I spent 4 hours at the Met on Sunday. First, the medieval wing, with stained-glass and ceramic figures (yes, those are women with the bodies of beasts!):
Then, a variety of very lovely settings of what living rooms would've looked like, in the Victoria era. I love the different colors of walls.
I purchased the audio guide (because Dan did). Some of the paintings didn't impress me overly at first, but became more intruiging when I learned their story. The one below was commissioned by a woman who had the romantic favor of the king. She wished to keep herself in favor by sending him these enticing portraits, but keeping her mystery via the little corner of cloth that drapes over her nether regions. Apparently this was only sufficient for 6 years, and then he lost interest.
I liked this painting of Washington crossing the Delaware. It was wrong in all sorts of ways, such as:
1. They are crossing in the wrong direction.
2. The water is filled with icebergs which would've made it impossible to cross.
3. It would not have been possible to have horses and cannons in the small boats.
4. The boats are floating too lightly for that number of men.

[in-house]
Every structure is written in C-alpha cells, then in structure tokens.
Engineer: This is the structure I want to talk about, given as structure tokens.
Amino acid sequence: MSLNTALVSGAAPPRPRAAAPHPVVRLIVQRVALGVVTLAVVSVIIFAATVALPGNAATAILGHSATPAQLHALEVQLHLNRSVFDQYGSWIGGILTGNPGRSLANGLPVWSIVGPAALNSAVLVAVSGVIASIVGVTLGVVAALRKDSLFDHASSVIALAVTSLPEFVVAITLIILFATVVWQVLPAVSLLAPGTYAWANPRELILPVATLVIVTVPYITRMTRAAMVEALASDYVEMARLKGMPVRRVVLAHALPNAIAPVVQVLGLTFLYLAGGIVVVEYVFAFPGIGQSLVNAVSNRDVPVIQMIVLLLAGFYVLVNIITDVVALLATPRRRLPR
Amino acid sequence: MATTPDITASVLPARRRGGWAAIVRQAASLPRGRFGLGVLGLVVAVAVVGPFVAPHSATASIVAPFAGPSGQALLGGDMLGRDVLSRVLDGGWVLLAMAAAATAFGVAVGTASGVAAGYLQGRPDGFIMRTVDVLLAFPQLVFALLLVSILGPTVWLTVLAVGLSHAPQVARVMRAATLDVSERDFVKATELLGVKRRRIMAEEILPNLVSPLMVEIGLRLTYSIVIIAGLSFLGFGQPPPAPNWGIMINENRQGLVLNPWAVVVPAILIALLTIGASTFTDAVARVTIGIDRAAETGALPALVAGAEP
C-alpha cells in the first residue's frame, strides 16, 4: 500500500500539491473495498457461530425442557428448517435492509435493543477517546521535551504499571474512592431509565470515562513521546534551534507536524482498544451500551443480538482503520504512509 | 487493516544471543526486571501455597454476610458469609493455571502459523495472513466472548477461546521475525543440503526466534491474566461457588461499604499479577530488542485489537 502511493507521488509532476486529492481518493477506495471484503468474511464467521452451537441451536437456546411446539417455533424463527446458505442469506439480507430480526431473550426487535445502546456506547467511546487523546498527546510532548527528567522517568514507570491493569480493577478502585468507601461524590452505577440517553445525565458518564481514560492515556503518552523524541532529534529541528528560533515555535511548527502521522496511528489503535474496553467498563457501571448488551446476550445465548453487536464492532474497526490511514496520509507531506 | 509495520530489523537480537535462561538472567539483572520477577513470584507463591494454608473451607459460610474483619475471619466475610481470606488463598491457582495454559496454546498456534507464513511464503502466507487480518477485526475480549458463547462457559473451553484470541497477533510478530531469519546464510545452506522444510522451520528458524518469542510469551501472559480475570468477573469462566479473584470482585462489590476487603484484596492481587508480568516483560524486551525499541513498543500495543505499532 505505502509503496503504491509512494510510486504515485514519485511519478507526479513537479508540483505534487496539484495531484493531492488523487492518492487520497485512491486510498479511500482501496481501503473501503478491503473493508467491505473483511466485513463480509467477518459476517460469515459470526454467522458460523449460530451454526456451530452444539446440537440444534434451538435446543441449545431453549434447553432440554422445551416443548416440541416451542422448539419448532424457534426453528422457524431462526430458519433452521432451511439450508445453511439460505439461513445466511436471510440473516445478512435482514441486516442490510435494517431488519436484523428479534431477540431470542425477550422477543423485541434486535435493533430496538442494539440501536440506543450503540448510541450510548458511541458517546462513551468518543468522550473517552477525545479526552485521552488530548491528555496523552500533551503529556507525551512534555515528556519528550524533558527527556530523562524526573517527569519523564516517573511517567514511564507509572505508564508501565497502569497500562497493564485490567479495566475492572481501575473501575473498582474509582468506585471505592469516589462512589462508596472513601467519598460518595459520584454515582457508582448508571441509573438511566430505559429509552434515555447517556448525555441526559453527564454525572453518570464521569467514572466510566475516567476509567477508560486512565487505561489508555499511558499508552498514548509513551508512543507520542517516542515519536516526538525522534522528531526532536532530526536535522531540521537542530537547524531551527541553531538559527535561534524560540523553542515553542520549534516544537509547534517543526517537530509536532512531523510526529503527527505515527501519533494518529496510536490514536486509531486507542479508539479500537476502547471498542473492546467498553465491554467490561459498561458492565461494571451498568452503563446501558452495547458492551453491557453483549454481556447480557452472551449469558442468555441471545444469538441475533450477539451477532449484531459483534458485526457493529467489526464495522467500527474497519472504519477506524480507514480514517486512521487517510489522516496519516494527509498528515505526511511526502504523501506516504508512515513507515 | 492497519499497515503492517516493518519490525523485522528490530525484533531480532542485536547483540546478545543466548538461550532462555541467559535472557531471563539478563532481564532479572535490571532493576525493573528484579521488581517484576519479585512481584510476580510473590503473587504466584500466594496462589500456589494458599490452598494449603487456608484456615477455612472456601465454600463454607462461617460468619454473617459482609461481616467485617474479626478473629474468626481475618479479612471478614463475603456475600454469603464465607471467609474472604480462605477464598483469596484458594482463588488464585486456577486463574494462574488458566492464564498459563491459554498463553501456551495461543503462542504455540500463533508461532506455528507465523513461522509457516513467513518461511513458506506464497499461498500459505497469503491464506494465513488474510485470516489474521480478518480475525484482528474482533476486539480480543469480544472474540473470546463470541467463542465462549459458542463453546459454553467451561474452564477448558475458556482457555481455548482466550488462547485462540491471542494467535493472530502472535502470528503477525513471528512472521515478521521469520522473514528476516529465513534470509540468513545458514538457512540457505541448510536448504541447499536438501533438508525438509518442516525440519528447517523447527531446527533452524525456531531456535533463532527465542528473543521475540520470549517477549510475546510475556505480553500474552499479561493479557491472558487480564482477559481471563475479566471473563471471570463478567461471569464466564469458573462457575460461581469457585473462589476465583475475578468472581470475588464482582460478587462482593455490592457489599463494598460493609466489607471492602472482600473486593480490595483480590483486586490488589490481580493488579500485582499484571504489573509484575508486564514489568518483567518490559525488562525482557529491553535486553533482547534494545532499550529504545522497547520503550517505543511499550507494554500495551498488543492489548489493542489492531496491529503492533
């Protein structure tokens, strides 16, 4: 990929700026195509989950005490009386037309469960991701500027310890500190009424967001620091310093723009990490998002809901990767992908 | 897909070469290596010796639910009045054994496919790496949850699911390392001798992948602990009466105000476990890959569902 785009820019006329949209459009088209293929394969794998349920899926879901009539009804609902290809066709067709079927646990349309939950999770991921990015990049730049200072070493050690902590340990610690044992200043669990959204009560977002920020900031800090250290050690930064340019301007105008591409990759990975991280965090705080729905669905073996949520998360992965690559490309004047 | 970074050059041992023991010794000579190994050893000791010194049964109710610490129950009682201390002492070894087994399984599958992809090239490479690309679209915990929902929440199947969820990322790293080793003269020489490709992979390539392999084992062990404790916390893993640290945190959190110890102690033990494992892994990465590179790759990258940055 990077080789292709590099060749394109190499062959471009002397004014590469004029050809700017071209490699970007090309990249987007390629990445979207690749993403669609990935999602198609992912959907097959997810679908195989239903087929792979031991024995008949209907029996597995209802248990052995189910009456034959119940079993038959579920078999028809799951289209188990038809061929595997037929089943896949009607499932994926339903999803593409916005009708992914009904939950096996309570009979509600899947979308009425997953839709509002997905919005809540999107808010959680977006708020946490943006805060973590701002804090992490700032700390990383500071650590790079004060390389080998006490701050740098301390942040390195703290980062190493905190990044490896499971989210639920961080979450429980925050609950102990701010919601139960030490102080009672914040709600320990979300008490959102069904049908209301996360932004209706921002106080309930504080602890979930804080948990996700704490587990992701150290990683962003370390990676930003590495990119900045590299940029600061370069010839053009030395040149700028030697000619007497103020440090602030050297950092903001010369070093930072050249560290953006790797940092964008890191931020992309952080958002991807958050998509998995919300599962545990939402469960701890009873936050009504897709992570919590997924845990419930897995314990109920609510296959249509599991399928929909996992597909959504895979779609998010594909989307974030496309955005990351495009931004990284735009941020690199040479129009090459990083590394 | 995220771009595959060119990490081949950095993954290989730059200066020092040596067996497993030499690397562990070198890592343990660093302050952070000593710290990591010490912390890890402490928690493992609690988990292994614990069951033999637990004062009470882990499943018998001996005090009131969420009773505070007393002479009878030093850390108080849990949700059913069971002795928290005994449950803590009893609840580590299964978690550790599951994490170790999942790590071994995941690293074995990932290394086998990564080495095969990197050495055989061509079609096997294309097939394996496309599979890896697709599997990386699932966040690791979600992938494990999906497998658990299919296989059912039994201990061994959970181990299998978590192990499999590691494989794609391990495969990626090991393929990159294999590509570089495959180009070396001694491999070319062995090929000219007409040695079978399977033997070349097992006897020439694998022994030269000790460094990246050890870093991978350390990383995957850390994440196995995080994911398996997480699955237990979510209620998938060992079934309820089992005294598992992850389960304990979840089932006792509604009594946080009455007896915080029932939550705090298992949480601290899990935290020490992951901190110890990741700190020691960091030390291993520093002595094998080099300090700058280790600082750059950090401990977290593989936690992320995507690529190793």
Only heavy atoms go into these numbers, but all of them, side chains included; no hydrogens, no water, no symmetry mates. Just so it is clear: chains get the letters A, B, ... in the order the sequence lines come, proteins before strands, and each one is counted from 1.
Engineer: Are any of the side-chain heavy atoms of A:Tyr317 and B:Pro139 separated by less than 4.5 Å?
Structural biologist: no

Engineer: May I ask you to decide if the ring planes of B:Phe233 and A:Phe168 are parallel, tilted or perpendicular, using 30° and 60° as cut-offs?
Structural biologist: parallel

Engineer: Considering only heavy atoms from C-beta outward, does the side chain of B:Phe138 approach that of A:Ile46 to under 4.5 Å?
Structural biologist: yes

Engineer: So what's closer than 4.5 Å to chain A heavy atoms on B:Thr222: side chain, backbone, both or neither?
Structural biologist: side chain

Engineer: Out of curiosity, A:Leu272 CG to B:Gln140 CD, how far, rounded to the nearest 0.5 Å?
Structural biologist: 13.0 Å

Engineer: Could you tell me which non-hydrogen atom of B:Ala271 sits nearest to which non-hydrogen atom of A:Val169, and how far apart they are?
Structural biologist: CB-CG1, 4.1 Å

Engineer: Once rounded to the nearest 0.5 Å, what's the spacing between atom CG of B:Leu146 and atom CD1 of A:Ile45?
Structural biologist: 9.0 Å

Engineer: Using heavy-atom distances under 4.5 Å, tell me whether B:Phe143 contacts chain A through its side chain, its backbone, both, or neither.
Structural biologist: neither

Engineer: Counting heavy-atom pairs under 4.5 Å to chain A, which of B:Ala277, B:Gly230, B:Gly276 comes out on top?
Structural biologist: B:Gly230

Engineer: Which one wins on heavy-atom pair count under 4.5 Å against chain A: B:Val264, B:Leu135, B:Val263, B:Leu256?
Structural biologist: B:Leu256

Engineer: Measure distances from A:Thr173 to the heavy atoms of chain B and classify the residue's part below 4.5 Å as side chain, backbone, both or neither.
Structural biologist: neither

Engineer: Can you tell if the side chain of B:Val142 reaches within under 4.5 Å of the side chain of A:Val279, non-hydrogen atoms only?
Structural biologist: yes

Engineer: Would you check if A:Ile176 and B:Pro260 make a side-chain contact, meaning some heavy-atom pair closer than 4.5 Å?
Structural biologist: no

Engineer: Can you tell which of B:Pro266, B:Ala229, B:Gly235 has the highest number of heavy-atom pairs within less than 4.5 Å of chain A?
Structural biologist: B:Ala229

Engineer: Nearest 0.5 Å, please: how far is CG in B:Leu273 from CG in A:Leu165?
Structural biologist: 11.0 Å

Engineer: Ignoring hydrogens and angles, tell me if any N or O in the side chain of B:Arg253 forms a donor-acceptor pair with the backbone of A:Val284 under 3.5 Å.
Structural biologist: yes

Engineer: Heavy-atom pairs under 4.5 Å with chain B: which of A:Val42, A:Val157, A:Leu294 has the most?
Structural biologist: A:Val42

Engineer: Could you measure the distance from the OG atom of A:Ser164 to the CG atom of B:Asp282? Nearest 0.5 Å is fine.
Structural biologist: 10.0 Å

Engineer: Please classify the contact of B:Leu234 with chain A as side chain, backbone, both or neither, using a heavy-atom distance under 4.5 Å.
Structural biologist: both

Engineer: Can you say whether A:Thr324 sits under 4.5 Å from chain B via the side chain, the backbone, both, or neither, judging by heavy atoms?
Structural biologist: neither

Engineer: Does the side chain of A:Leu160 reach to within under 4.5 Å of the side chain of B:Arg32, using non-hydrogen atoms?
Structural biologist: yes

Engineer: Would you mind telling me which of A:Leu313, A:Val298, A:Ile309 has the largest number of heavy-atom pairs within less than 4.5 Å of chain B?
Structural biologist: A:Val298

but the spirits shows through! I recently read a biography of Washington in Newsweek which made me marvel that history was not more fascinating when I learned it in high school! Because this account of George Washington was riveting! On Christmas Day, they crossed the Delaware, becoming so tired and soaked that their guns didn't even work and they just stabbed the British with their bayonets. They were 4 hours behind schedule. But that's not what history remembers! The flaws are forgotten in the glory.
It reminds me of how things look so grand and magical from the outside, but they are so fraught with mistakes and peril from the inside. In Lord of the Rings, Frodo was wracked with weariness, fear, grumpiness, but later his deeds become an epic song. This is the way with actual life as well. Google looks so impenetrable to some outsiders, so miraculously able to deliver innovative products on a very rapid schedule. But on the inside, it is actually quite imperfect.
I also enjoyed how the Met has a mezzanine in the American Wing which is just crammed with objects. An entire row of silverware. Another entire row of portraits. This is the secondary collection, the less-important works which would probably be prominently displayed at any other museum but which are crammed along with hundreds of other similar objects at the Met.
Lastly, I like this picture. I can imagine being an early pioneer (glorious from the outside, but probably filled with fear and flies at the time!) and coming upon this scene.
I would have liked to live here: